We took the rare south to east curve at SKA which does not have a passenger service, the airport trains are electric and work between there and Kiato whereas the line into Athens isn’t wired and has no direct service. The curve was nice and shiny so we wondered what on earth used it and later found out that the electric units are maintained at Rentis depot on the line to Piraeus so are regularly dragged there by diesel units.
The airport line was new and had been sandwiched between the two carriageways of the A6 motorway, making it rather awkward for photographs, but the concrete walls either side made great sounding boards for A326 which appeared to overcome its earlier troubles though we think that A302 was still lending a hand on the rear. Passengers waiting on the suburban platforms waiting for their electric services must have wondered what on earth was going on as we thundered past attracting plenty of wide-eyed stares and covered ears.
Forty minutes after leaving Athens we came to a halt in the shiny new Athens Airport station, in the worst possible platform for photographs of course. Everybody dived out and most took a couple of snaps for the record then we were called back onto the train and, rather than returning to Athens, continued a further few hundred metres into the sidings beyond the station. Much to our surprise we were allowed out for photos and it was possible to get a decent picture of A302 by traipsing round the end of the train, clambering up then walking along the concrete retaining wall between the railway and the road.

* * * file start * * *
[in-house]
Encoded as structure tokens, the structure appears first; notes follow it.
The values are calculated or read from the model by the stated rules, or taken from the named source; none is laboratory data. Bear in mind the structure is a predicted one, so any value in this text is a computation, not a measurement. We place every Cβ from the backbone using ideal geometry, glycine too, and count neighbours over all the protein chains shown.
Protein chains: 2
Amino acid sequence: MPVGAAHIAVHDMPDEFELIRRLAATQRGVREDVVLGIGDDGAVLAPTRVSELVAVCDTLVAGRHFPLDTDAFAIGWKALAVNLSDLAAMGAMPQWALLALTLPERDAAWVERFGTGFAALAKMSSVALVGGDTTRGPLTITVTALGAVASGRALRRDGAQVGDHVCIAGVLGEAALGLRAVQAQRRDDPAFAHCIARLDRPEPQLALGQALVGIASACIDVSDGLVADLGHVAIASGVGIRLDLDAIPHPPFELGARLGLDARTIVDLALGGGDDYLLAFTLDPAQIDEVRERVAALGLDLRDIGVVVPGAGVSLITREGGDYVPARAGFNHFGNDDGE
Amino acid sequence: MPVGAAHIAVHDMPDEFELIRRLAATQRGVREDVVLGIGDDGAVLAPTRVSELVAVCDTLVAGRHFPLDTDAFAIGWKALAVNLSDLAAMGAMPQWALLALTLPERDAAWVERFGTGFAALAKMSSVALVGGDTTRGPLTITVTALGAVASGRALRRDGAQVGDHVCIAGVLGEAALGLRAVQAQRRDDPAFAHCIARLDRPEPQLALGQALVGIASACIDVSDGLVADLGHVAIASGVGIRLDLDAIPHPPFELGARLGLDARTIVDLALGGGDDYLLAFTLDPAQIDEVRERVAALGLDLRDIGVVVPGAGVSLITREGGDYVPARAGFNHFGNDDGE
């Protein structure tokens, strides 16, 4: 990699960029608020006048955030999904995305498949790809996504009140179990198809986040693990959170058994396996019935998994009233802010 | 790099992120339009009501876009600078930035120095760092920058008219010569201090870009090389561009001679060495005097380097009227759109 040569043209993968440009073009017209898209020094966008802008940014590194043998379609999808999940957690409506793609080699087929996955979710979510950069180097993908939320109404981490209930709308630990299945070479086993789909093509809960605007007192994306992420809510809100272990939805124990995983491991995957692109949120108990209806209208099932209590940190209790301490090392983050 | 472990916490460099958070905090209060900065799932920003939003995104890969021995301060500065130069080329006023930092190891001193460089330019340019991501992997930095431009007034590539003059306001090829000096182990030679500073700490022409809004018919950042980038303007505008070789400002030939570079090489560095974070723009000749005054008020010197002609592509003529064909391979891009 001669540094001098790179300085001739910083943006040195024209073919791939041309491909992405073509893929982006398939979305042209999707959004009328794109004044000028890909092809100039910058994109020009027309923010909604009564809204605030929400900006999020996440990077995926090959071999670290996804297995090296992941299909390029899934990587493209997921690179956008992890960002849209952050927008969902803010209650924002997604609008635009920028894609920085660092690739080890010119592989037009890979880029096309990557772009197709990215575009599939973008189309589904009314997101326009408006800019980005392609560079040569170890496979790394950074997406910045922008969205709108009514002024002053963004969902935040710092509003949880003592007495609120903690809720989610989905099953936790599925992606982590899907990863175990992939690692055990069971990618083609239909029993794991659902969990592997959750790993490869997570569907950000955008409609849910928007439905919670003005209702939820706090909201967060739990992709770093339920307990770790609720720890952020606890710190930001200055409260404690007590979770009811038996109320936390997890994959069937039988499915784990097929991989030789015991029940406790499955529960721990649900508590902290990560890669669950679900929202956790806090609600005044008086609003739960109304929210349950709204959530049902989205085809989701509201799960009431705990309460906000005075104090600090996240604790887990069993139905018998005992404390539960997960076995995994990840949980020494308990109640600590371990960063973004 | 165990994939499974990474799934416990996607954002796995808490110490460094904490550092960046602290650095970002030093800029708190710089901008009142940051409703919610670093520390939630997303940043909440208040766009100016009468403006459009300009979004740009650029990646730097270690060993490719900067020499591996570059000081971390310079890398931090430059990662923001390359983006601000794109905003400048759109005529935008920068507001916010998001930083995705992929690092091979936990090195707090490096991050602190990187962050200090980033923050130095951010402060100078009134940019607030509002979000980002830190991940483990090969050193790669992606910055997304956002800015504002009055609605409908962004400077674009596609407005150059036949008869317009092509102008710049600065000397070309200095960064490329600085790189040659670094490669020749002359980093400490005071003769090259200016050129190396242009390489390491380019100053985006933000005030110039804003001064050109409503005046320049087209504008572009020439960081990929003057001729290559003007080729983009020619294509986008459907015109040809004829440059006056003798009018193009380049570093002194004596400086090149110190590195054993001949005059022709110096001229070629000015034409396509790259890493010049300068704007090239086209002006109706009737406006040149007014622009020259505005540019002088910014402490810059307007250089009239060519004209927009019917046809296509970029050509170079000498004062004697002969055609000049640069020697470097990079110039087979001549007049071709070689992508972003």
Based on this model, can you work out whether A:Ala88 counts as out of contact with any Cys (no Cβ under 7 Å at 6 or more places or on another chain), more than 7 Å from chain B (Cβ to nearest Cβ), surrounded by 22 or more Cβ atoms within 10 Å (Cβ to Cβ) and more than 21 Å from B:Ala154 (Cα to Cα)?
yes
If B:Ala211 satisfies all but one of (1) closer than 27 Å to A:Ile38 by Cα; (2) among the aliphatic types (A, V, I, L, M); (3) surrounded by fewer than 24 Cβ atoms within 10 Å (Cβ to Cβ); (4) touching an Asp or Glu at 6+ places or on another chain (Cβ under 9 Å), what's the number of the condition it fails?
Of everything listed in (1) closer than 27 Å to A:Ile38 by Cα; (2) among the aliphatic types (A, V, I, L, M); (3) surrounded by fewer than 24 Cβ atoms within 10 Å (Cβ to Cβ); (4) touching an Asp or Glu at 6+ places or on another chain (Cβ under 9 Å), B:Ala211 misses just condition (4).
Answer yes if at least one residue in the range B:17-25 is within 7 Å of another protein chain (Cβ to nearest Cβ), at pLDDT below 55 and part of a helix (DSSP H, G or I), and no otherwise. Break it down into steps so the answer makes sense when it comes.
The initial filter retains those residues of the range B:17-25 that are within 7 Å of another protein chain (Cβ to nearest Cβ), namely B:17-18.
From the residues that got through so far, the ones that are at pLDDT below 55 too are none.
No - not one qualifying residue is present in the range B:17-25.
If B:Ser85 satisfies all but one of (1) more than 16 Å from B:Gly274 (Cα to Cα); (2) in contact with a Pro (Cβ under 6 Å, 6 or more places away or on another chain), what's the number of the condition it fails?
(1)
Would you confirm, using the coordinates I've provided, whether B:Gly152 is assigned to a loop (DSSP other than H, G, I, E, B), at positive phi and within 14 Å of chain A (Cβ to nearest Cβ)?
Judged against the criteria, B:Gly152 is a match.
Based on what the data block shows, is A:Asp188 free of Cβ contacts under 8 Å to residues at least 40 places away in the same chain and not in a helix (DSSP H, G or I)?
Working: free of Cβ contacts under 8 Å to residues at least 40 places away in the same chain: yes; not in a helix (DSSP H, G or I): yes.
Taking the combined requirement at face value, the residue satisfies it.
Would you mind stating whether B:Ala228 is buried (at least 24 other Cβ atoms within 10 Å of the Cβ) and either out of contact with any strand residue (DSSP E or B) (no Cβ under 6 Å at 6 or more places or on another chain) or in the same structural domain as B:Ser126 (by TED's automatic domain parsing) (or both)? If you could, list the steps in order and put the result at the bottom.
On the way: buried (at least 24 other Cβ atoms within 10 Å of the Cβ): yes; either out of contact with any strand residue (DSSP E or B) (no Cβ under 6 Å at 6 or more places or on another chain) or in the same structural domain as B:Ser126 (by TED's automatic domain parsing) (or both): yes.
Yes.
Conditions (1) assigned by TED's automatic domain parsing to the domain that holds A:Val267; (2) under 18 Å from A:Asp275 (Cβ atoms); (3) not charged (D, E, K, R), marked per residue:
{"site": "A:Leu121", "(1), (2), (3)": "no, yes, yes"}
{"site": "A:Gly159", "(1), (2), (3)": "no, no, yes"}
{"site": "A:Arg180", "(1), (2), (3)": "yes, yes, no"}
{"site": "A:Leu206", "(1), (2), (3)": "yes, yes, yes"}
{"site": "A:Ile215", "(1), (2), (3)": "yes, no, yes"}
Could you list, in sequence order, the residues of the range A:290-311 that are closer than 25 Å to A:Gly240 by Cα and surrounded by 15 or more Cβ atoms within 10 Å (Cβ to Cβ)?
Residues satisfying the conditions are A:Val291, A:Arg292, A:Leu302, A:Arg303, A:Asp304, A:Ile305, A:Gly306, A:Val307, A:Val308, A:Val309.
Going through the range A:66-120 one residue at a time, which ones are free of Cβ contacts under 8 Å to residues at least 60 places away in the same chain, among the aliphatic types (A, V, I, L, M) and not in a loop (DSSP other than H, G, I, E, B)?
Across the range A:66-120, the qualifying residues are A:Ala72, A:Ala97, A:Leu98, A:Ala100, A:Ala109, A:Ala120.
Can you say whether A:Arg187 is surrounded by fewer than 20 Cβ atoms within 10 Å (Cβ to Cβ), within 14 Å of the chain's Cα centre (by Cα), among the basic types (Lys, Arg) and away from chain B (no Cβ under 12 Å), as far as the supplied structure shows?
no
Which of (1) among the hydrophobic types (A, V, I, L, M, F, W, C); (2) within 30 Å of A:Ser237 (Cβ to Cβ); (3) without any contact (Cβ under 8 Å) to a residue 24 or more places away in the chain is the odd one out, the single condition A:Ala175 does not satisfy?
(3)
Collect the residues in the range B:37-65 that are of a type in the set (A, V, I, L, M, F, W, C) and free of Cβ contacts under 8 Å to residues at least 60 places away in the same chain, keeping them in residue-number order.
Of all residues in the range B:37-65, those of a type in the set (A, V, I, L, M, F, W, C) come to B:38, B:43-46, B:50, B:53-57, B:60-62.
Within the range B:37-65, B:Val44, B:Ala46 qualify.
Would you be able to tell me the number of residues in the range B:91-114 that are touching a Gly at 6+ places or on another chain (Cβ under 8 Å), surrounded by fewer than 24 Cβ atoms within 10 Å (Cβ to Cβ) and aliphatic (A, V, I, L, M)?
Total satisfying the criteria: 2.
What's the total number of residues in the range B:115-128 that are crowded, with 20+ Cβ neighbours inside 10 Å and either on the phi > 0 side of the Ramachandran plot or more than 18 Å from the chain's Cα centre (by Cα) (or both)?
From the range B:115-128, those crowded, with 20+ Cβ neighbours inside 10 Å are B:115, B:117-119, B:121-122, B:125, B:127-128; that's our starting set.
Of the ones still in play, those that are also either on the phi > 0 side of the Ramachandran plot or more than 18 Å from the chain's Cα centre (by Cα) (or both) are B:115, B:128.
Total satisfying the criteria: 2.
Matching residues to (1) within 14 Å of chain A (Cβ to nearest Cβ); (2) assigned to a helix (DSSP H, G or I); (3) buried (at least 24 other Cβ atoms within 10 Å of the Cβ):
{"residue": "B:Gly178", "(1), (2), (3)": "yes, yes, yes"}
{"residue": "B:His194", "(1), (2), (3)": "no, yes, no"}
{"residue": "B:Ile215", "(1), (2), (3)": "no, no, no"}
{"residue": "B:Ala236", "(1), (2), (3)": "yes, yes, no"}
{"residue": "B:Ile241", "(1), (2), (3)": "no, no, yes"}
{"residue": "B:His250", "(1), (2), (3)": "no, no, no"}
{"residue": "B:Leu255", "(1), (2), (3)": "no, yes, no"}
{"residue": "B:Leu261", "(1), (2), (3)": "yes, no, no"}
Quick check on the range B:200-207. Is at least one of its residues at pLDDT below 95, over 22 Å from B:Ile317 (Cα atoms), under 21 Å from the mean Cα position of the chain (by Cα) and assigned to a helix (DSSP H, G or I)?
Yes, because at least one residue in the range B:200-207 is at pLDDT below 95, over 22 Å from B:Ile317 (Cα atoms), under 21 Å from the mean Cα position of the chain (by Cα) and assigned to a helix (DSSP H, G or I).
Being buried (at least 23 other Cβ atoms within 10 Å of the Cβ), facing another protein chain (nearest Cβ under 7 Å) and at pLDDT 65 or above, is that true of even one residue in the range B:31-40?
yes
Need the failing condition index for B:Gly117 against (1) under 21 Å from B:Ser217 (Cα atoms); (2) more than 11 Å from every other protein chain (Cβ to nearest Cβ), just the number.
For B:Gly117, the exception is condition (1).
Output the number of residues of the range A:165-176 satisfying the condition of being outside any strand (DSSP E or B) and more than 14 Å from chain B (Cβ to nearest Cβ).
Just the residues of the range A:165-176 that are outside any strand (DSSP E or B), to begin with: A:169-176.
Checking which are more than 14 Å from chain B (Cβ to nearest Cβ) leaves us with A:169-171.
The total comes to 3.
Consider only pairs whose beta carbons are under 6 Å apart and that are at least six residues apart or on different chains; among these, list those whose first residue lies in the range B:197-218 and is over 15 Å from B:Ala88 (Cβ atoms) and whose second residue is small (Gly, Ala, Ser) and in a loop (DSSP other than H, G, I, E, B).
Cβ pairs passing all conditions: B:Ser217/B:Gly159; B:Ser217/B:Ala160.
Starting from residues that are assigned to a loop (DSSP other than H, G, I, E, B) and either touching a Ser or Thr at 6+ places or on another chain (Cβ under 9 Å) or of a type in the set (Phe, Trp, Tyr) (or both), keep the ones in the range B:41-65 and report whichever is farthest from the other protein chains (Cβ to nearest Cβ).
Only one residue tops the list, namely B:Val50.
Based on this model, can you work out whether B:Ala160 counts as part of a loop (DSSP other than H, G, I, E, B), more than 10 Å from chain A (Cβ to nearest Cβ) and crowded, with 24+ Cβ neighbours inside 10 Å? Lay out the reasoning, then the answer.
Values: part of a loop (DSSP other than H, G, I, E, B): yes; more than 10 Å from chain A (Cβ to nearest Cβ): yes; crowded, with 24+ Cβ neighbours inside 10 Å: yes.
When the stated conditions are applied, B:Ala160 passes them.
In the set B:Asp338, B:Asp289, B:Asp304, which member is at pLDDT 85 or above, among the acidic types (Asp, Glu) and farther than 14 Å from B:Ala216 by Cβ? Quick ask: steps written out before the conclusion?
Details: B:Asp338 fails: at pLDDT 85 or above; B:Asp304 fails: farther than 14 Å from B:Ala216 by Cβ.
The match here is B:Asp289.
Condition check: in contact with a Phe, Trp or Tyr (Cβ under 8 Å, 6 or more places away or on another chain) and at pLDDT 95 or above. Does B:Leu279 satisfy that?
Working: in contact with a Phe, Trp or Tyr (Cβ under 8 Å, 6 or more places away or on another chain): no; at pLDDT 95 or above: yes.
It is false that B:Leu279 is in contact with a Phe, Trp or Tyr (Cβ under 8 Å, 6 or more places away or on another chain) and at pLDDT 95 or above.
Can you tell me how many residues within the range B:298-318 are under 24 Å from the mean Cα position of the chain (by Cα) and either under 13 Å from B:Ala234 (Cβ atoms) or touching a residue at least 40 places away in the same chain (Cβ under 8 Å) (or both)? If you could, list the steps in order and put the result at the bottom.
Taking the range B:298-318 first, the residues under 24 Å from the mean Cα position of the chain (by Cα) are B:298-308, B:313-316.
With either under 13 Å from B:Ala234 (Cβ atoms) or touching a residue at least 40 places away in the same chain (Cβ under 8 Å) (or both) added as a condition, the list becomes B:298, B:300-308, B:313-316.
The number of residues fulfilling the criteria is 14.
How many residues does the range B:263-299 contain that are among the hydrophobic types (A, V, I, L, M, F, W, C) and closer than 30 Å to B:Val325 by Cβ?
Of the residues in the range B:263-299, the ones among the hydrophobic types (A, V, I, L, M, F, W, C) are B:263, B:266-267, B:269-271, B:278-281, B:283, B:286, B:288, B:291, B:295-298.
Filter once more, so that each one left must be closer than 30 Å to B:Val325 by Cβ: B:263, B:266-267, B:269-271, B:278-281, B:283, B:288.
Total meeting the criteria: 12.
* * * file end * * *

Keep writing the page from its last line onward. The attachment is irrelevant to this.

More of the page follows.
Back onto the train and into the platform where we stopped for a few minutes as a train to Kiato departed then waited a few more minutes for it to get away then it was A302’s turn to frighten the locals as we enjoyed a repeat performance of wonderful ALCo sounds amplified by the concrete walls. All too soon we left the Airport line and went back round the curve at SKA, descending along the part-modernised line into Athens main station. With the benefit of hindsight we should have gone off and done some more track but there was the promise of a depot visit at Rentis so a good proportion of the tour decided to stay on the train which would take us there as it had to return to the depot.
After waiting on the train for 45 minutes, it eventually set off the six or so kilometres to the sidings just beyond Rentis station where we just stood around until we noticed others getting off so did likewise, the footbridge leading to the depot providing a handy vantage point to photograph the train.